Substance abuse is a serious public health concern in the United States, with severe medical, legal, and economic consequences. In 2012, an estimated 23.9 million Americans aged 12 years or older had used an illicit drug or abused a psychotherapeutic medication (such as a pain reliever, stimulant, or tranquilizer) in the past month, and 17.7 million Americans were dependent on or abused alcohol [1]. Recently, there has been a dramatic increase in the misuse of prescription medications, with emergency department visits involving their abuse increasing by 98.4% between 2004 and 2009 and associated increases in overdose deaths [2]. Abuse of alcohol and illicit drugs is costly, with over $30 billion in health care–related costs for alcohol abuse and $11 billion for illicit drugs [3]. Unfortunately, few needing treatment for drug or alcohol abuse get the treatment they need in a timely manner. According to the Substance Abuse and Mental Health Services Administration’s National Survey on Drug Use and Health, 23.5 million people aged 12 years or older needed treatment for an illicit drug or alcohol abuse problem in 2009, but of these, only 2.6 million received treatment at a specialty facility [4].

    Substance Abuse Screening and Treatment in Primary Care

    The health care landscape for patients with substance use disorders (SUDs) is changing. Recently, there has been a push to incorporate mental and behavioral health treatment into primary care, including screening and treatment for alcohol and drug dependence. The Patient Protection and Affordable Care Act, for example, designates mental health and substance use disorders as essential health benefits to be covered by health insurance plans [5]. The US Preventive Services Task Force (USPSTF) recommends screening for alcohol misuse for adults aged 18 years and older and has found sufficient evidence to suggest that brief behavioral counseling interventions in the primary care setting are effective in reducing heavy drinking episodes in adults engaging in risky drinking behaviors [6]. However, the USPSTF has not found sufficient evidence to assess whether screening for illicit drug use in the primary care setting is beneficial, primarily because the majority of studies have focused on patients already exhibiting clear symptoms of drug abuse [7]. Nevertheless, drug-specific pharmacotherapy and behavioral interventions such as brief motivational counseling for illicit drug use have been proven effective in the short-term [7], and the Centers for Medicare and Medicaid Services provides reimbursement to providers who implement the Substance Abuse and Mental Health Services Administration Screening, Brief Intervention, and Referral to Treatment (SBIRT) model in their practices [8]. The SBIRT model is an evidence-based practice designed to identify, reduce, and prevent problematic use, abuse, and dependence on alcohol and illicit drugs and can be incorporated into a primary care practice with the addition of screening questions into the health history questionnaire and training for health care providers to review the responses and identify high-risk patients.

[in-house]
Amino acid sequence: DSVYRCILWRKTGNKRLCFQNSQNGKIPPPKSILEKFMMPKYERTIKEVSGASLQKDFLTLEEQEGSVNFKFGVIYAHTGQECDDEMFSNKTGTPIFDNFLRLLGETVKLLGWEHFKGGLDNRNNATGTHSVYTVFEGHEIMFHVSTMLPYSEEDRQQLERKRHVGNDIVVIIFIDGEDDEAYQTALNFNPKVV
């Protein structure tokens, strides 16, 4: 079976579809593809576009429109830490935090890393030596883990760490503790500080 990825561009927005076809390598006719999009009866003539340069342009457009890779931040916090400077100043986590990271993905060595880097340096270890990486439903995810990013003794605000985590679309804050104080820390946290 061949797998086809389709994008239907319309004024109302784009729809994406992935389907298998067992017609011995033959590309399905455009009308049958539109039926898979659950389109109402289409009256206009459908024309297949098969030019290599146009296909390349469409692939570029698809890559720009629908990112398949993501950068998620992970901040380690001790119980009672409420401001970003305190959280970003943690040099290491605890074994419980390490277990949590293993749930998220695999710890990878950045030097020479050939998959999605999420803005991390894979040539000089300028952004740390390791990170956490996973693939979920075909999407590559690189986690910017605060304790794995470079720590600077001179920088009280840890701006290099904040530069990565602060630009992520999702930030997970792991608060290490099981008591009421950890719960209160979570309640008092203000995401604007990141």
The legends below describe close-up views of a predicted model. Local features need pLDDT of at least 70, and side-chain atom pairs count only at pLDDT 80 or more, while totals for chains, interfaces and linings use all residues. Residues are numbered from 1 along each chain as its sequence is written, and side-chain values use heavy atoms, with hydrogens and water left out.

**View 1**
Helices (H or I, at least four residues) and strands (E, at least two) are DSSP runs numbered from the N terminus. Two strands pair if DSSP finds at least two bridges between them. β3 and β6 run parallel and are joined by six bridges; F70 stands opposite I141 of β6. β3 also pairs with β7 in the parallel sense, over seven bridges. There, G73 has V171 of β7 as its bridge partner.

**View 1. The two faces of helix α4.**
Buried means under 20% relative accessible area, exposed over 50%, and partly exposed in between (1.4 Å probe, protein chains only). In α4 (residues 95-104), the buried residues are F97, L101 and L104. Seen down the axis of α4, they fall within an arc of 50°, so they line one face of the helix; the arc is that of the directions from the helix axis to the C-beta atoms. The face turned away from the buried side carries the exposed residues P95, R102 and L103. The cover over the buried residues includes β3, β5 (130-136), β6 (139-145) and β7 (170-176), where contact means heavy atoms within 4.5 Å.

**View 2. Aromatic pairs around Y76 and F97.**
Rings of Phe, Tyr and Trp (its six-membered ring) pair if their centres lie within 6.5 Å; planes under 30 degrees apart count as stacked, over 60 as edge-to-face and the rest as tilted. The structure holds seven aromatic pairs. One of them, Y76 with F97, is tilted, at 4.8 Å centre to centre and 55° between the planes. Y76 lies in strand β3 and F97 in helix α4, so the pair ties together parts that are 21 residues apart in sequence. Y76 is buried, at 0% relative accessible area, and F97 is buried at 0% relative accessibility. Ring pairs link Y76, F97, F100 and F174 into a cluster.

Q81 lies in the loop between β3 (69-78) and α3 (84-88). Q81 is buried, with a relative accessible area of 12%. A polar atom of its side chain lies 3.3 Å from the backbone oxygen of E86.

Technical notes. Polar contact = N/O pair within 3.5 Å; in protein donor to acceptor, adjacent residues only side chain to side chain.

The implementation of screening and intervention for substance use disorders, such as SBIRT, in the primary care setting has faced several challenges. In the past, physicians have cited barriers such as lack of time, lack of access to treatment, and lack of financial resources—both patient financial issues and reimbursement for the physician from health insurers [9]. The new health care changes will do a great deal in easing some of the cost-related barriers; however, physicians and other health care providers still experience barriers to screening and intervention for SUDs such as lack of time, lack of training, and unfamiliarity with screening tools [10]. Implementation of the SBIRT model has been met with similar concerns, with providers citing lack of time and competing medical priorities in the patient interview as barriers to its use [11].

    Shared Decision Making, Self-Monitoring, and Ecological Momentary Assessment